Mr Robert M’Callum of Blantyre who was warden of the Livingstone National Memorial at Blantyre was greeted by an unusual sight when he turned up for work one morning in May 1936.
When going into the recreation park adjoining the memorial the other morning, he was surprised to see a fine specimen of a red roe deer walking leisurely in the grounds. He got to within twelve yards of it, but when it noticed him it bolted away and leaped a high fence, and quickly disappeared in the thickly-wooded ground on the bank of the River Clyde. This is the third time within recent weeks that a deer of this species has been seen in the Blantyre district, but it may be the same one that was noticed first of all jumping the River Calder, in the grounds of Calderwood Castle, High Blantyre, then in a field behind the cottages in the extreme west end of the Glasgow road. From Calderwood Castle to the Livingstone Memorial is about four miles, and it may have followed the River Calder to its entry into the River Clyde, and been harbouring among the heavy treeland area around the Memorial.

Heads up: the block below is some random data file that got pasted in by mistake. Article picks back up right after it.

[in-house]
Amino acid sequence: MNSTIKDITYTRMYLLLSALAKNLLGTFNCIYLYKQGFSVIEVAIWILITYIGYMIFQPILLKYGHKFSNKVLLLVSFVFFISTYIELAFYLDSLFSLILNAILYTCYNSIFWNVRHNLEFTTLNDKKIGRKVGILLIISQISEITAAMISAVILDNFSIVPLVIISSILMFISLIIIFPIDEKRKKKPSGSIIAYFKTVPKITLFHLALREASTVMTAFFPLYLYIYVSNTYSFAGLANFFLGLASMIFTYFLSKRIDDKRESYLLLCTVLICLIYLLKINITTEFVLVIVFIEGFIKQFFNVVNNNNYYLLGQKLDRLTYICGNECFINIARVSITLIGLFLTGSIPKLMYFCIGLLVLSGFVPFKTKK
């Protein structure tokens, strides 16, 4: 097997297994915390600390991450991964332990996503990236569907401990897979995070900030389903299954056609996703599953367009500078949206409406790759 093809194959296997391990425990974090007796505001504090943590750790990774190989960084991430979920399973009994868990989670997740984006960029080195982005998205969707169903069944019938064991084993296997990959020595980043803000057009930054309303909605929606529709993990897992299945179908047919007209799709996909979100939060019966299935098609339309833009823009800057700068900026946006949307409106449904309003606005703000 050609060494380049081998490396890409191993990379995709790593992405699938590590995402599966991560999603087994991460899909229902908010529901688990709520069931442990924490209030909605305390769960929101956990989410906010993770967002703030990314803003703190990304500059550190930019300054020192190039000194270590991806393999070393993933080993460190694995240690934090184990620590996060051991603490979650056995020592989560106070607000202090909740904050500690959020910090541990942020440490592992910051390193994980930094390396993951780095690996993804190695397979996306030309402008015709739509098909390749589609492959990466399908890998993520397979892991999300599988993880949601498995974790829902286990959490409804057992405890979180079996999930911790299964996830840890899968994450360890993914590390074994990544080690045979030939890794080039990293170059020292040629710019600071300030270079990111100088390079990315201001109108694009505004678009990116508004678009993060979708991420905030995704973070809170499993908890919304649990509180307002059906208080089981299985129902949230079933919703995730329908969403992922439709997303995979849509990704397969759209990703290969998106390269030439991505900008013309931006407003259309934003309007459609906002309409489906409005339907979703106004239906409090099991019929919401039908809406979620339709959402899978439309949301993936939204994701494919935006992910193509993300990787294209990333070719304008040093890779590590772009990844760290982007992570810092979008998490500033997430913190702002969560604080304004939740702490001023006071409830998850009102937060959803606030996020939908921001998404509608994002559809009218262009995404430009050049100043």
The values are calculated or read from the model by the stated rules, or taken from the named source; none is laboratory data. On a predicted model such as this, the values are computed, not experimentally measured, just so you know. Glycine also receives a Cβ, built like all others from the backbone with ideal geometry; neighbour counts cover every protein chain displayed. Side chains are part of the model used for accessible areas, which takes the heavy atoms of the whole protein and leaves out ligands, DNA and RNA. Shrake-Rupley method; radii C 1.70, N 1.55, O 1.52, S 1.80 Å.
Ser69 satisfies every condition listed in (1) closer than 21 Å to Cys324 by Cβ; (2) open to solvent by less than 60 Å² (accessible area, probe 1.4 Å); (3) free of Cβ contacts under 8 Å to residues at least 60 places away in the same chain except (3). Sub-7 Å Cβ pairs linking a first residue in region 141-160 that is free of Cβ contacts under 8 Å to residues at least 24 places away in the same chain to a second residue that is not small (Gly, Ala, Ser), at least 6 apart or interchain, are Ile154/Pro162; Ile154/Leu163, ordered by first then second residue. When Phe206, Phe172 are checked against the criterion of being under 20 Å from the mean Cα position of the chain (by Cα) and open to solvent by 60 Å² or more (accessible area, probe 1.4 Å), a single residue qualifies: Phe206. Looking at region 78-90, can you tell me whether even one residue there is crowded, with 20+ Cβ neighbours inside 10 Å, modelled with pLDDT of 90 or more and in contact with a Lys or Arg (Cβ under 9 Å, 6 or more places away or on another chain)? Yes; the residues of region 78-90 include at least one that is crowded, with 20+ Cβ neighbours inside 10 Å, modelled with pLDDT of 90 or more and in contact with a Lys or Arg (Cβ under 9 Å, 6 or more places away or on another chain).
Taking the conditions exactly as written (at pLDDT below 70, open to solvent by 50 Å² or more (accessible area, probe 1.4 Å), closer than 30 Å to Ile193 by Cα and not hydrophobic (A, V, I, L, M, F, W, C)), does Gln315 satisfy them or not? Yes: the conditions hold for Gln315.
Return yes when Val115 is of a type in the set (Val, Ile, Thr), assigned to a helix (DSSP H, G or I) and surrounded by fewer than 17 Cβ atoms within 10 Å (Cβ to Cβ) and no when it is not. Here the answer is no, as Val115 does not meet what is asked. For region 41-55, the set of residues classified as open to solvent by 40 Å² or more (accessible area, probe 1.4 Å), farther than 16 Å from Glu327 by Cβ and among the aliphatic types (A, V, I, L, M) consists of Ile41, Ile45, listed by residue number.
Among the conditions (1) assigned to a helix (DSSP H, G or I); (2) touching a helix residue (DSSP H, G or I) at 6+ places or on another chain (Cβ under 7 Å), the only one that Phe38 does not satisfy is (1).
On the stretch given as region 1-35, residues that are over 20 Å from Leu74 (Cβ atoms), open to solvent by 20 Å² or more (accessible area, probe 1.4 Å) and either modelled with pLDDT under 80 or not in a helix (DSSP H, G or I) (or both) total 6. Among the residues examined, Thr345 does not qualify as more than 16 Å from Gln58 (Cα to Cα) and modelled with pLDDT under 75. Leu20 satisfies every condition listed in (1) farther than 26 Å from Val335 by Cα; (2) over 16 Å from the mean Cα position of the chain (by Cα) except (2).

Roe deer are still common around Blantyre, often venturing into busier parts. Photo is Roe Deer at Auchentibber in 2013, photographed by Jim Brown.